'The event, for example a click on a button
Dim obj As TestApp.IPerson
Set obj = CreateObject("TestApp.Person")
Set obj = Nothing

This is no more effective than:

Private m_obj As TestApp.IPerson
'Form load
Set m_obj = CreateObject("TestApp.Person")
'The event, for example a click on a button
'Form unload
Set m_obj = Nothing

But won't the first example be less resource consuming? Well, the difference is not that big. At first, the object is not activated until DoSomething is called. The client will only get a reference to a context wrapper. No locks in the database or such will be held. In my test I fired the event 1000 times and the second code snippet was 1600% faster.

Problem 2: Haven't Realized the Transaction Isolation Level
The default transaction isolation level for ADO against SQL Server is Read Committed, but when MTS is involved it will be a higher level, namely Serializable. Not thinking about that at the design stage could really hurt you! (If you are unfamiliar with transaction isolation levels, see a general textbook about database systems or the SQL Server manual.)

If for example you do something like:

SELECT SUM(numericcolumn) FROM table

in an MTS object that takes part of the first transaction, no other transaction could do anything that will change the result of the operation above. And this applies as long as the first transaction lives. Let's say that the first transaction is long and takes one second to finish, then no other transaction could update the numeric column in any row in the table. Of course, you should not insert new rows either, as that will change the result. In certain e-commerce applications that could be a huge bottleneck.

Something else to think about is the amount of locks that will be held. When you are trying to build scalable applications it is extremely important not to waste resources. When the SQL-statement from above is used in an MTS object running in a transaction you will get a lot of locks. In my test I did this on a table with 1000 rows (which is of course almost nothing) and when I counted the rows in the syslockinfo table I got 352 locks instead of 0, which I got when the same SQL statement was used from an MTS object not running in a transaction.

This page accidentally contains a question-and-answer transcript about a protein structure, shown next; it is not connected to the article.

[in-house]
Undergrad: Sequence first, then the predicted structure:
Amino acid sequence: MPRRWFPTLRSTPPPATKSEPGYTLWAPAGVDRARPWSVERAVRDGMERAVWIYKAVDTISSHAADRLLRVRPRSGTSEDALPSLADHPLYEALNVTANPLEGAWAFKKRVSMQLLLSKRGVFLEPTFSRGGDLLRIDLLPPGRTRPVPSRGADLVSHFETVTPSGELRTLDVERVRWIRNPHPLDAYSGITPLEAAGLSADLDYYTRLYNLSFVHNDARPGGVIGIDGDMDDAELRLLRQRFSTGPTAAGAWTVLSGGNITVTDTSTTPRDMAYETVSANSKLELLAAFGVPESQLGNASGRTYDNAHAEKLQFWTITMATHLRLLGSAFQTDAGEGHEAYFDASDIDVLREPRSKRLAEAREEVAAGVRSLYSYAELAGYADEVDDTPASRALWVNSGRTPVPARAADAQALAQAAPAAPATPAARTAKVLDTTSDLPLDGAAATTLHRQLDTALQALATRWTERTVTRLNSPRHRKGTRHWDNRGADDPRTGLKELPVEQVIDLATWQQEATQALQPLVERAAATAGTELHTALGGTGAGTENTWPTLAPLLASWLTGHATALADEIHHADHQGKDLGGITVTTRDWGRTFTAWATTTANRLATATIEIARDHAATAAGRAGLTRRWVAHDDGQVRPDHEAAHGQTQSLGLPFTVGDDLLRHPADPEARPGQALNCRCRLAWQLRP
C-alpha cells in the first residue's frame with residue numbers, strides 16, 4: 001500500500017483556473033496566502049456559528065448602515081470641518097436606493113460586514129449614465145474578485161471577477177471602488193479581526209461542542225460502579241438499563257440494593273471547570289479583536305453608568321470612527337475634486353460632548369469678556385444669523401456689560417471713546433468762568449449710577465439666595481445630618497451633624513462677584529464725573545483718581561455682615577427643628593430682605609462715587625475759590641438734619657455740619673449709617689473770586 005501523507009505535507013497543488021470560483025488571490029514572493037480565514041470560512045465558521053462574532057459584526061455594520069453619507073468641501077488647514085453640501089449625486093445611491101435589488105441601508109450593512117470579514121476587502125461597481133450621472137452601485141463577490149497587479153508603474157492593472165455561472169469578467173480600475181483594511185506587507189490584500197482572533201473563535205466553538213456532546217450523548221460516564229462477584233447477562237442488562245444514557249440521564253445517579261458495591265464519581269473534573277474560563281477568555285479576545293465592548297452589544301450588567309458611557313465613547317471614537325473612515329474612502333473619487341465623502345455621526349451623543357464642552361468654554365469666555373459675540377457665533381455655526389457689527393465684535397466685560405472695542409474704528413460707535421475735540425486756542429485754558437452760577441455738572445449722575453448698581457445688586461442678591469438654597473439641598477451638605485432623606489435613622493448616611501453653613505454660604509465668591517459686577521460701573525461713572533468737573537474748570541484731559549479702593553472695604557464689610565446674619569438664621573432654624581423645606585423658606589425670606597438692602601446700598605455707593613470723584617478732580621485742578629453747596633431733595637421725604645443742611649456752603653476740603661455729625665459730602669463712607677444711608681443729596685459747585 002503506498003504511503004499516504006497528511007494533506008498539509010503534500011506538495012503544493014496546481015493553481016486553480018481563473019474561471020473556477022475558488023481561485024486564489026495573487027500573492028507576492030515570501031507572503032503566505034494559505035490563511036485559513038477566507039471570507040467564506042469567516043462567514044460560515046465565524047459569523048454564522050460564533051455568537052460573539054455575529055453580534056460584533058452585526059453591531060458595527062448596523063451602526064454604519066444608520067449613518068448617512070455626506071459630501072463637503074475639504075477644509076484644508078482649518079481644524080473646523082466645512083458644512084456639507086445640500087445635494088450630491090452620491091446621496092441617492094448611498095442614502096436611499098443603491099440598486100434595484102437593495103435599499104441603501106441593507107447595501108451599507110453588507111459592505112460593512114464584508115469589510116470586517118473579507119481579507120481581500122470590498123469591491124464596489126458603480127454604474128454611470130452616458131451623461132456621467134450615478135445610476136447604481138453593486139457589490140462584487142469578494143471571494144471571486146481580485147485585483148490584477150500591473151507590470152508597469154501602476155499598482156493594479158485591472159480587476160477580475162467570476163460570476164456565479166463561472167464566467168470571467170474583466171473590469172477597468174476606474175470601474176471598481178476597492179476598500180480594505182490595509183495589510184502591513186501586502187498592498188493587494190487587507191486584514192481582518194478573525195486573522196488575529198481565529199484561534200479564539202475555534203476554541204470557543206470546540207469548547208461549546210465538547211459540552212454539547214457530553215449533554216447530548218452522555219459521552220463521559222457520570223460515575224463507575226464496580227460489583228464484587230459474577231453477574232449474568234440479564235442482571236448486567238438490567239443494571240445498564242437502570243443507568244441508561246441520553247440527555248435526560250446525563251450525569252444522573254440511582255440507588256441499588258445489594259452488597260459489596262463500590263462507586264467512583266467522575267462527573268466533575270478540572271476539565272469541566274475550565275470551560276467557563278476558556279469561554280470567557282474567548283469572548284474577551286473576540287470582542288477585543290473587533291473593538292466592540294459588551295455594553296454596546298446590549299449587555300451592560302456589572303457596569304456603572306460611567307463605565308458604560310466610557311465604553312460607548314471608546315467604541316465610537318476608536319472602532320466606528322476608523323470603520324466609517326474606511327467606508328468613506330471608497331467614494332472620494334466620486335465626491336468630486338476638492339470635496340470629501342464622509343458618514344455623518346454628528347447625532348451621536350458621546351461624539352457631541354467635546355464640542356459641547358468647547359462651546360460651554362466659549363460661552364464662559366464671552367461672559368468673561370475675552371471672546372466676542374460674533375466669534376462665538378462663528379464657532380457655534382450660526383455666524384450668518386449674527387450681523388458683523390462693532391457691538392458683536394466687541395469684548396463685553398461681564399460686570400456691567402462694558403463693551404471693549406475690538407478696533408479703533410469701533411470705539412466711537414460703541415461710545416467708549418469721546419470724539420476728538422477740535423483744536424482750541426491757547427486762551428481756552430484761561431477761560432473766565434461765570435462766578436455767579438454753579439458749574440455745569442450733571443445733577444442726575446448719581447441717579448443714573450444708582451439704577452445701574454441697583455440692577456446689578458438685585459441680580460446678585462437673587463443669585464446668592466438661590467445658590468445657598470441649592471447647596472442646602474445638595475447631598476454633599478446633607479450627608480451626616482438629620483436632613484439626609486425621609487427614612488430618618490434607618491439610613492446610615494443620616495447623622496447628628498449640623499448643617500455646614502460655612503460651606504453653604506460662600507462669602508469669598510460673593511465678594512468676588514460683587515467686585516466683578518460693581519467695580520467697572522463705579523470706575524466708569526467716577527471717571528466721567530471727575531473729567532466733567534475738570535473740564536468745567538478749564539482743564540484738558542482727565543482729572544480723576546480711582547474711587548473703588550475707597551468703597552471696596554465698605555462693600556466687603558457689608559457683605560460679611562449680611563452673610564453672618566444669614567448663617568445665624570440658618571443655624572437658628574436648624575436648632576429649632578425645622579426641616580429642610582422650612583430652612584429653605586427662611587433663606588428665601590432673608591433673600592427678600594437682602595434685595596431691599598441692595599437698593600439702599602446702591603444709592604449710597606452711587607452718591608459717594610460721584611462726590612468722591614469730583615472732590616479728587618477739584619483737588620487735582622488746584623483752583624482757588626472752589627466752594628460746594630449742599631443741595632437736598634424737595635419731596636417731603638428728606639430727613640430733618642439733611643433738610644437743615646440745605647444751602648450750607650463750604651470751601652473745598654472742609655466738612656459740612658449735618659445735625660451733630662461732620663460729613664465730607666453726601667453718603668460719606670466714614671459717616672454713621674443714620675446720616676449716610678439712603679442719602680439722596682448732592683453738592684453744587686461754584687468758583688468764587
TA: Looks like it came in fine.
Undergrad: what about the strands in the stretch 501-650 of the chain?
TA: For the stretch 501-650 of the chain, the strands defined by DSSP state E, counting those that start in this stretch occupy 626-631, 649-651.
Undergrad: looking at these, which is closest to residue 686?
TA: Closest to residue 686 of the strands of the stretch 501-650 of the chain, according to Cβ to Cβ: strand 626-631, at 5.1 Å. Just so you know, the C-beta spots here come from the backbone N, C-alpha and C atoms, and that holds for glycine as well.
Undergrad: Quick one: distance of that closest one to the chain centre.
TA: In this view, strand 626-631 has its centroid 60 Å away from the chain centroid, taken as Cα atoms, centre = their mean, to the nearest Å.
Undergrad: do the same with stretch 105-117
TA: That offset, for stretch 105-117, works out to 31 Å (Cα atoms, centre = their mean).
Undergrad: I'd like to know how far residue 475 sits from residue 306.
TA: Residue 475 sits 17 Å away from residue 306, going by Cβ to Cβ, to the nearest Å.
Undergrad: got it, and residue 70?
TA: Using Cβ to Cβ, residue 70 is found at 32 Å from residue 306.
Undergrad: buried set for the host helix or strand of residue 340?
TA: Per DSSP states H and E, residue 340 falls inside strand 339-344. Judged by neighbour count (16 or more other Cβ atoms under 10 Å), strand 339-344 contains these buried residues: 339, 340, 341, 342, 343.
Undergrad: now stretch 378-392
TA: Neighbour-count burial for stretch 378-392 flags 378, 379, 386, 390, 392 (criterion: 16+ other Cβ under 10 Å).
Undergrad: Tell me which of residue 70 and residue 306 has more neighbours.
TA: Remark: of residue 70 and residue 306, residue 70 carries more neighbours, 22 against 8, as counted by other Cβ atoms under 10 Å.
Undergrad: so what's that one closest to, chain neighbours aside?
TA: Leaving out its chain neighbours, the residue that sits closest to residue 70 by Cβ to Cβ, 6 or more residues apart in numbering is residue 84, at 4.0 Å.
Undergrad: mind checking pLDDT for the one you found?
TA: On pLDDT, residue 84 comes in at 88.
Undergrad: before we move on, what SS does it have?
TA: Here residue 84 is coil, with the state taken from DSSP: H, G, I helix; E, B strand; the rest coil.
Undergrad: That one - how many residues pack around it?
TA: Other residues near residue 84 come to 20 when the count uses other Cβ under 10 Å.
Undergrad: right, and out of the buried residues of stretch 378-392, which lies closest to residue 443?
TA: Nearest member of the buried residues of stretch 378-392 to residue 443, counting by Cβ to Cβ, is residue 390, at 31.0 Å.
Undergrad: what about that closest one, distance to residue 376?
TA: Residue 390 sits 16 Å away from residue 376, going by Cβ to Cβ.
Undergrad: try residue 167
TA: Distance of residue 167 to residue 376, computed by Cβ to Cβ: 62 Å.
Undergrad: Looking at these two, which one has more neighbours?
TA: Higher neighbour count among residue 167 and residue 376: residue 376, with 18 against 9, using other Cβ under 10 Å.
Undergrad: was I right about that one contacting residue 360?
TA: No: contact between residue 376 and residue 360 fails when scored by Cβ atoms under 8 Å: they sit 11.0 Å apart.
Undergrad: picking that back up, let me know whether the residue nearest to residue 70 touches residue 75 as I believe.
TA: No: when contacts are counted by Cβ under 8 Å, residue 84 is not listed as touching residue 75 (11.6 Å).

I made a similar test from the base-client by running an operation called GetById(vlngID) 100 times with different values for the id to use when reading from a table in the database (and without doing SetComplete after each). In a transaction this resulted in 70 locks before I was finished. Without the transaction there were no locks.

Exercise for the reader: Does it matter if you just for convenience use "Require Transaction" everywhere?

You can downgrade the isolation level by using an optimizer hint (like NOLOCK for example) but take care because youre on your own then.

Problem 3: Not Using CreateInstance
The way to create objects in VB is to use New or CreateObject. The recommendation for MTS is to use CreateObject from the base-client (see next problem for more information about the problem with New), BUT when inside an MTS object you should not use CreateObject to create another MTS object. Nor should you use New. Instead you should use CreateInstance on the ObjectContext interface. Otherwise the new object will run in another activity, separate from the first one. It will probably also run in another STA (Single Threaded Apartment). This leads to two problems. First, if the objects are transactional, you will get two transactions. Not good. Secondly, you will get a proxy/stub-pair between the objects leading to worse performance. Let's take some code that is the same in both cases first:

'In an MTS object:
Implements ObjectControl
Private m_objCtx as ObjectContext
'One of the operations of the
'ObjectControl-interface that I implement:
Private Sub ObjectControl_Activate()
Set m_objCtx = GetObjectContext
End Sub

And now the bad example:

Public Sub DoSome()
Dim obj As TestApp.IAnotherMTSobject
Set obj = CreateObject("TestApp.AnotherMTSobject")
m_objCtx.SetAbort 'Since something failed...
End Sub

If in DoSomeUpdate you do some update against the database and a SetComplete, then the update is committed even though you didnt like it! The code should look like this instead:

Public Sub DoSome()
Dim obj As TestApp.IAnotherMTSobject
Set obj = _
m_objCtx.SetAbort 'Since something failed...
End Sub

Now, both DoSome and DoSomeUpdate run in the same transaction and nothing will be saved to the database in this example. When running both the operations 100 times, the second is 110% faster since there will not be a proxy/stub-pair between the objects.